MESOZOIC-CENOZOIC MAGMATIC HISTORY OF THE ALASKA RANGE SUTURE ZONE
The Alaska Range Suture Zone has experienced a protracted and complex Mesozoic-Cenozoic magmatic history, with discrete magmatic pulses and lulls. Between ~100-90 Ma a suite of plutons was emplaced in the suture zone during accretion of the Wrangellia composite terrane against North America. This pulse of magmatism was followed by a relative hiatus until ~70 Ma, when a ~15 MY period of wide spread arc magmatism occurred as the proto-Pacific plate underwent oblique subduction along its northeast margin. Additionally, there was a period of magmatism between ~62-50 Ma with intraplate characteristics, atypical of arc processes, possibly a result of post-collisional delamination beneath the suture zone and likely transtentional related magmatism along the Denali Fault during this time period.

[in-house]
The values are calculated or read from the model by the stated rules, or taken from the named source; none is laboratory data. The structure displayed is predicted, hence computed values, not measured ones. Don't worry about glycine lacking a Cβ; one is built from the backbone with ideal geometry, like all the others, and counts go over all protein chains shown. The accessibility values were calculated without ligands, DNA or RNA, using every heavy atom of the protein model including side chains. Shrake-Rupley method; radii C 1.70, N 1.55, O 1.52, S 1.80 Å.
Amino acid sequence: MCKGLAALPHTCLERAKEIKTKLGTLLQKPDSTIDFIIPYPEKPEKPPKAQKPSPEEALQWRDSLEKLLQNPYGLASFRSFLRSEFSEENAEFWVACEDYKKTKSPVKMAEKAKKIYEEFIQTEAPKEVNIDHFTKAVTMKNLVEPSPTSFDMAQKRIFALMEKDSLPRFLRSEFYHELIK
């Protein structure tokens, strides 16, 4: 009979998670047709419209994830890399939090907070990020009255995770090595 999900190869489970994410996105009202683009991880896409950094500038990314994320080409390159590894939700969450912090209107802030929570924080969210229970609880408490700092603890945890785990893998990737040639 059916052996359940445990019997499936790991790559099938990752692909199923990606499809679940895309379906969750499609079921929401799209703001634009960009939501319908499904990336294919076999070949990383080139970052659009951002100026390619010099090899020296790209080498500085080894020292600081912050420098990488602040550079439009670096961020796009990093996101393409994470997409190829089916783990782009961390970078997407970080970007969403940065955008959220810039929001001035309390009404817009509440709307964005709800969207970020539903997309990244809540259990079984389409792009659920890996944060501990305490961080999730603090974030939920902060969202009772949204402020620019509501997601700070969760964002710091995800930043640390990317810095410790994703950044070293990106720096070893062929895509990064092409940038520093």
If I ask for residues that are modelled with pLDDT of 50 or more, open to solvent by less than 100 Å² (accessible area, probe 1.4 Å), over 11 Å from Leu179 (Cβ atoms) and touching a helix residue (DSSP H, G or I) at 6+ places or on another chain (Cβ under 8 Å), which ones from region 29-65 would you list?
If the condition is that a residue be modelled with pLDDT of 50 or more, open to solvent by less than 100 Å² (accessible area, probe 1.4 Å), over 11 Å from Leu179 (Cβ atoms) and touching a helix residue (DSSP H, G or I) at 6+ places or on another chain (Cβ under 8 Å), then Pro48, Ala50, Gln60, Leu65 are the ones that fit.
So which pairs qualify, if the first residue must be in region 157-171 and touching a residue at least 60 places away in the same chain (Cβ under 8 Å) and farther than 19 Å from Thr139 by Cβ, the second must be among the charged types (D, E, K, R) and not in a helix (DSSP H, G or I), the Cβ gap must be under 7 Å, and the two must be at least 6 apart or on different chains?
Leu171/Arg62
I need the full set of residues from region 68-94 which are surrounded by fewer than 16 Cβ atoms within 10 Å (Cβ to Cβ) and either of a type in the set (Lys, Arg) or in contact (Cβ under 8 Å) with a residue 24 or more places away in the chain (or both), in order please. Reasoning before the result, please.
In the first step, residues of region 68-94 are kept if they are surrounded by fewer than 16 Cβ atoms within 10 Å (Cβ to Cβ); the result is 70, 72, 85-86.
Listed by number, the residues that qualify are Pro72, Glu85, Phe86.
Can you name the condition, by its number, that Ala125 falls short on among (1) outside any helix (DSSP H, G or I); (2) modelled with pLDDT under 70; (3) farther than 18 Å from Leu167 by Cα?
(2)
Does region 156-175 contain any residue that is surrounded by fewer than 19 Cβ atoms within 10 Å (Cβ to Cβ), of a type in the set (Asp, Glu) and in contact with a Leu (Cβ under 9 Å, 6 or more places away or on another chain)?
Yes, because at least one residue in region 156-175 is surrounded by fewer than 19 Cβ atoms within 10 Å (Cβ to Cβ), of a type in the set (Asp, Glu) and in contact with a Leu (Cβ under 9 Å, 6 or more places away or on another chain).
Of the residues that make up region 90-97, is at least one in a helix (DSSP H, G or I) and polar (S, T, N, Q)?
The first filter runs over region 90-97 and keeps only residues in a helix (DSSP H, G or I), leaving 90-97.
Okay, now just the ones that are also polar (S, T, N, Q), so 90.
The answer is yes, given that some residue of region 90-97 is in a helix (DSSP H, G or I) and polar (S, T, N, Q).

From ~55 Ma to ~45 Ma there was another lull in magmatism that is associated with a Paleocene-Eocene ridge subduction event. ~40 Ma to ~30 Ma was a period of high flux magmatism with arc characteristics along the Alaska Range Suture zone as a young-hot Pacific plate underwent flat-slab subduction, possibly in part driven by the hydrostatic affects of the over thickened Alaska Range Suture Zone. Magmatism along the Alaska Range arc waned between ~30 Ma and ~25 Ma, limited primarily to mafic dike-emplacement along the north side of the Denali Fault zone, likely reflecting a transitional period between Pacific plate subduction and flat-slab subduction of the Yakutat microplate. There is sparse arc volcanic activity in the region at ~7 Ma, ~1 Ma, and during the Holocene. Shutting down of the central Alaska Range arc is coincident with the ~26 Ma initiation of the Wrangell arc along the edge of the Yakutat flat-slab. The lack of significant magmatism along the Alaska Range arc during the Neogene is likely reflecting both the affects of the flat-slab subduction of the Yakutat microplate and the resultant transpressive nature of the central Denali Fault system.